Recently I consulted on a case where a client with insomnia insisted on tracking her sleep with a wearable monitor (think Fitbit or Apple Watch). After using her device to log her sleep for the first few sessions of behavioral treatment for insomnia, she realized that her sleep tracker was actually increasing her anxiety about sleep. She became more aware of every toss and turn during the night and how it would be interpreted by the device. Ultimately, the client decided to forego the tracker and use only a paper sleep log each night and morning. Her anxiety decreased overnight (pun intended) and she starting falling asleep faster and staying asleep longer.
Obviously, discontinuing the use of her sleep tracker wasn’t the magic bullet that led this client’s sleep to improve; she was also implementing the behavioral techniques she learned in treatment. But the immediate decrease in sleep-related anxiety was notable and no doubt contributed to her improvements. It is a fascinating case example to me because, as an insomnia subject matter expert, I frequently get asked whether clients can use the data from their wearable sleep monitors, as opposed to using an old school sleep log. My colleagues and I consistently reply that sleep trackers are not helpful for insomnia, much to the chagrin of both clients and clinicians alike. But there is logic behind our recommendation, even beyond this clinical example.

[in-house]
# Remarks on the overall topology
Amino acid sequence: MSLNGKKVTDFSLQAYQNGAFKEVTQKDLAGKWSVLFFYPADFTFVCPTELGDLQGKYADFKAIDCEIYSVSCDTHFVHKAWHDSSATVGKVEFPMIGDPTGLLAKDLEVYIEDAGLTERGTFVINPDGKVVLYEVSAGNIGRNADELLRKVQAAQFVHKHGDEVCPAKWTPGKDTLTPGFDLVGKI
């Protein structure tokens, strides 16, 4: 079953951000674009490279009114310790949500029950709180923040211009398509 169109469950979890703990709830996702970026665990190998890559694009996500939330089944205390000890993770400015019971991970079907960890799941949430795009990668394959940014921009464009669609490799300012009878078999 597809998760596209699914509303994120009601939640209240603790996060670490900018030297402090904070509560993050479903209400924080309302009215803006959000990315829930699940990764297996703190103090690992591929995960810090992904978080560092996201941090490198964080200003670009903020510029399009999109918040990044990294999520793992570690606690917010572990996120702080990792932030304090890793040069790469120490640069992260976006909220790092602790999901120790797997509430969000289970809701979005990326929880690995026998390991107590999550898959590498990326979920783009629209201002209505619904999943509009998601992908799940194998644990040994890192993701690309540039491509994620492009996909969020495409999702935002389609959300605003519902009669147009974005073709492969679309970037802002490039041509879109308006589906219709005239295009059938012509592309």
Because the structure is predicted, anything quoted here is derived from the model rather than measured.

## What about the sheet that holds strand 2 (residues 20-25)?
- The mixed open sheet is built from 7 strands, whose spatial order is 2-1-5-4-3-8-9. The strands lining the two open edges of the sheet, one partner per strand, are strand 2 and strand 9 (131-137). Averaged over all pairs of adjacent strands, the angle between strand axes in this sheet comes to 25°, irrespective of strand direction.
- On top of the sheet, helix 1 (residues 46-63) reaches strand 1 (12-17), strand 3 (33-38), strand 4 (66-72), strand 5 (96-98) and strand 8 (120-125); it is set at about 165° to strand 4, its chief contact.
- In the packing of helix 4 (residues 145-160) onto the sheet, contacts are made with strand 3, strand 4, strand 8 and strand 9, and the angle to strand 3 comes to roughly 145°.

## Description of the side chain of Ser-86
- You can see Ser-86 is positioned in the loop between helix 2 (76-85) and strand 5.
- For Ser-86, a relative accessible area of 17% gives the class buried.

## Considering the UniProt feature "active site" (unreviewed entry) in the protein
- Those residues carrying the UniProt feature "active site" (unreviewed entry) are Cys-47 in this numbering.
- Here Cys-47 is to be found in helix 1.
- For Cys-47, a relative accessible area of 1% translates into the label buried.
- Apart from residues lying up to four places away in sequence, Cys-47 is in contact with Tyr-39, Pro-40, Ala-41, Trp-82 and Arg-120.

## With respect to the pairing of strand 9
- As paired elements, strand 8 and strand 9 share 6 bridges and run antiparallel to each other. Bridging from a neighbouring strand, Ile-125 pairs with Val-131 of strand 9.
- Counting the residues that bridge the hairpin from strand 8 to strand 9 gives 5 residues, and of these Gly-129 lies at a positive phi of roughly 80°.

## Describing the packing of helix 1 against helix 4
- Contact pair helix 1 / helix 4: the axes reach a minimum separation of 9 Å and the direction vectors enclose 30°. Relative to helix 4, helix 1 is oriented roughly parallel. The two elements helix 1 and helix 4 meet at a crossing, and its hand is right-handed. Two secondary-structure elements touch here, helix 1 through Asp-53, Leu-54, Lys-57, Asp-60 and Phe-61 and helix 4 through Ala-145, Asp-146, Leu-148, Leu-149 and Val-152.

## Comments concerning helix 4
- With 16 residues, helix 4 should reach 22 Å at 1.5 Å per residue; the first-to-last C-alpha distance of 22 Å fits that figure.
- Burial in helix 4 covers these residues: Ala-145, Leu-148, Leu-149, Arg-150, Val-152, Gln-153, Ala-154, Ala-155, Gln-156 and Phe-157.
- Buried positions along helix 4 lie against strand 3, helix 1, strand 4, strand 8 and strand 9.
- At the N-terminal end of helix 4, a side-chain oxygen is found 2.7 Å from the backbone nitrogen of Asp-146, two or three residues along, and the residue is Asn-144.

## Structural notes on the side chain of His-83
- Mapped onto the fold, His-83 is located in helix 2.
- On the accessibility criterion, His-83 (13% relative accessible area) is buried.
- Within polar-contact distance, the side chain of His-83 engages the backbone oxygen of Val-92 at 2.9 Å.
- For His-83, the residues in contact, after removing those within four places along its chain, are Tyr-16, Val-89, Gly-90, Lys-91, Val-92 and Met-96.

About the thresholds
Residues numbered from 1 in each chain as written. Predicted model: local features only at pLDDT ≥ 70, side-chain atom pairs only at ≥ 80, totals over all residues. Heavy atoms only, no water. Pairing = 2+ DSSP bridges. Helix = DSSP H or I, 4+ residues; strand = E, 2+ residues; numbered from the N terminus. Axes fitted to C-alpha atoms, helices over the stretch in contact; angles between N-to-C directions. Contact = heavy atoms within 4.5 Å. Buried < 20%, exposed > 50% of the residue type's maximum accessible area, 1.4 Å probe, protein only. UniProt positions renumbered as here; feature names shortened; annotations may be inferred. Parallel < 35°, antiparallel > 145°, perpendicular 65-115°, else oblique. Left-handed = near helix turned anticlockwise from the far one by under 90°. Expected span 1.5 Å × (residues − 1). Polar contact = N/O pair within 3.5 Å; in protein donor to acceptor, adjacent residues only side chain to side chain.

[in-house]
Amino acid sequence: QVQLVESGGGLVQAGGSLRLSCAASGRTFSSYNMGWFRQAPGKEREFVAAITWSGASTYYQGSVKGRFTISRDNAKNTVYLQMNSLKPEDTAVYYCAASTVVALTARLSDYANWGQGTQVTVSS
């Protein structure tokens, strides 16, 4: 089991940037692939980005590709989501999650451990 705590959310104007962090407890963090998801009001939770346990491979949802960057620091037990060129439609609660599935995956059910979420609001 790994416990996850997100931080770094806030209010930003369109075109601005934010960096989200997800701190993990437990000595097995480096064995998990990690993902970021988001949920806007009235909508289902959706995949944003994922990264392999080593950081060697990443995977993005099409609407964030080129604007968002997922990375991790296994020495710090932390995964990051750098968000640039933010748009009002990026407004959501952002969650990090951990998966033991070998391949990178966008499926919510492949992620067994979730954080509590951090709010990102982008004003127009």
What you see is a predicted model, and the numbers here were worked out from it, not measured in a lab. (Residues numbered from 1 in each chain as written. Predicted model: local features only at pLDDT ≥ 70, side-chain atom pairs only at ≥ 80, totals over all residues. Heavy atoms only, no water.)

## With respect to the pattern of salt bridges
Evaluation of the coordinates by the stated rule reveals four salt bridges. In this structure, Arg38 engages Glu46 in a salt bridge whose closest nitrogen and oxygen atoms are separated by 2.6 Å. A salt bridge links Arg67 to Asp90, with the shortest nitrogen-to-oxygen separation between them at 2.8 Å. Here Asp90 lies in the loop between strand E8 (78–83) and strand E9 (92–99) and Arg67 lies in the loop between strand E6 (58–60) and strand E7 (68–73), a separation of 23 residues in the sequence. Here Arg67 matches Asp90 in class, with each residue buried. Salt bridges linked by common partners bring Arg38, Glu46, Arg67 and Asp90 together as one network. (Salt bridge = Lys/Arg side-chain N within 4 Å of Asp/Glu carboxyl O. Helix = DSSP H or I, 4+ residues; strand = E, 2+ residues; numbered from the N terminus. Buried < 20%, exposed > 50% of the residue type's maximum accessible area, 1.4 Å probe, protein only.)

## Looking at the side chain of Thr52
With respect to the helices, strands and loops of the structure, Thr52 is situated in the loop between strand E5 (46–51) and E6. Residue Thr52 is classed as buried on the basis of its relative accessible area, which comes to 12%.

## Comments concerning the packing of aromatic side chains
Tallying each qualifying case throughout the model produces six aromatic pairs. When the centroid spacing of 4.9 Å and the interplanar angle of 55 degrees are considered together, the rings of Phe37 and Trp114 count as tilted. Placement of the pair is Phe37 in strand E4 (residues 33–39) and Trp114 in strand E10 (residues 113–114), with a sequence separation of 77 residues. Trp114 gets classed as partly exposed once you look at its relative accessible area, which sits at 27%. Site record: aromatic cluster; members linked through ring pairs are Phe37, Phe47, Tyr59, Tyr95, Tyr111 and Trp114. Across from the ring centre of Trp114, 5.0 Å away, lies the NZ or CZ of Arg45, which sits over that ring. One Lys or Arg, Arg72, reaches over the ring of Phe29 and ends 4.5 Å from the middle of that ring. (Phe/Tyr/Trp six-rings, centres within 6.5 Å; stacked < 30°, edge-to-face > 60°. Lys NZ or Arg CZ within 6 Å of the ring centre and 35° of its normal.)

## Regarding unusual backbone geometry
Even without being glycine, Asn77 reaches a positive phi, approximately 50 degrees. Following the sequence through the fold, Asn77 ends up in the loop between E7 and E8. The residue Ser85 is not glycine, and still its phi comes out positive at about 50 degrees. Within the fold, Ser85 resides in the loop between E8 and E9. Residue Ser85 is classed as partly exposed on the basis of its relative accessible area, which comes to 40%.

One reason we recommend against the use of sleep trackers for our clients with insomnia is that they are not very accurate. The majority of data in device validation studies was collected from healthy individuals without a sleep disorder, limiting what we know about their accuracy for individuals with insomnia, among other sleep disorders. When individuals with insomnia have been included in studies, the results are not encouraging. In validation studies, researchers looked at how accurate sleep trackers are when compared with polysomnography (PSG, or what we commonly call a “sleep study”) performed on the same individuals. While wrist-worn trackers accurately tracked sleep 82% of the time for healthy sleepers, that number plummeted to 34% for individuals with insomnia (Baron et al, 2018). Wearable monitors tended to overestimate total sleep time and sleep onset latency, while underestimating how much time is spent awake during the night. They also had low accuracy when it came to identifying different stages of sleep (Lujan, 2021; Peake et al., 2018). Mobile-based apps that track sleep only through sensors on a smartphone performed even worse. (Baron et al). All sleep monitoring technology can also be affected by sharing your bed with a partner – human or pet – and the accuracy of wearable monitors can additionally be impacted by skin tone and tattoos (Lujan). So although the data collected from sleep tracker technology might be interesting, the precision of its data is impacted by many factors, including insomnia itself.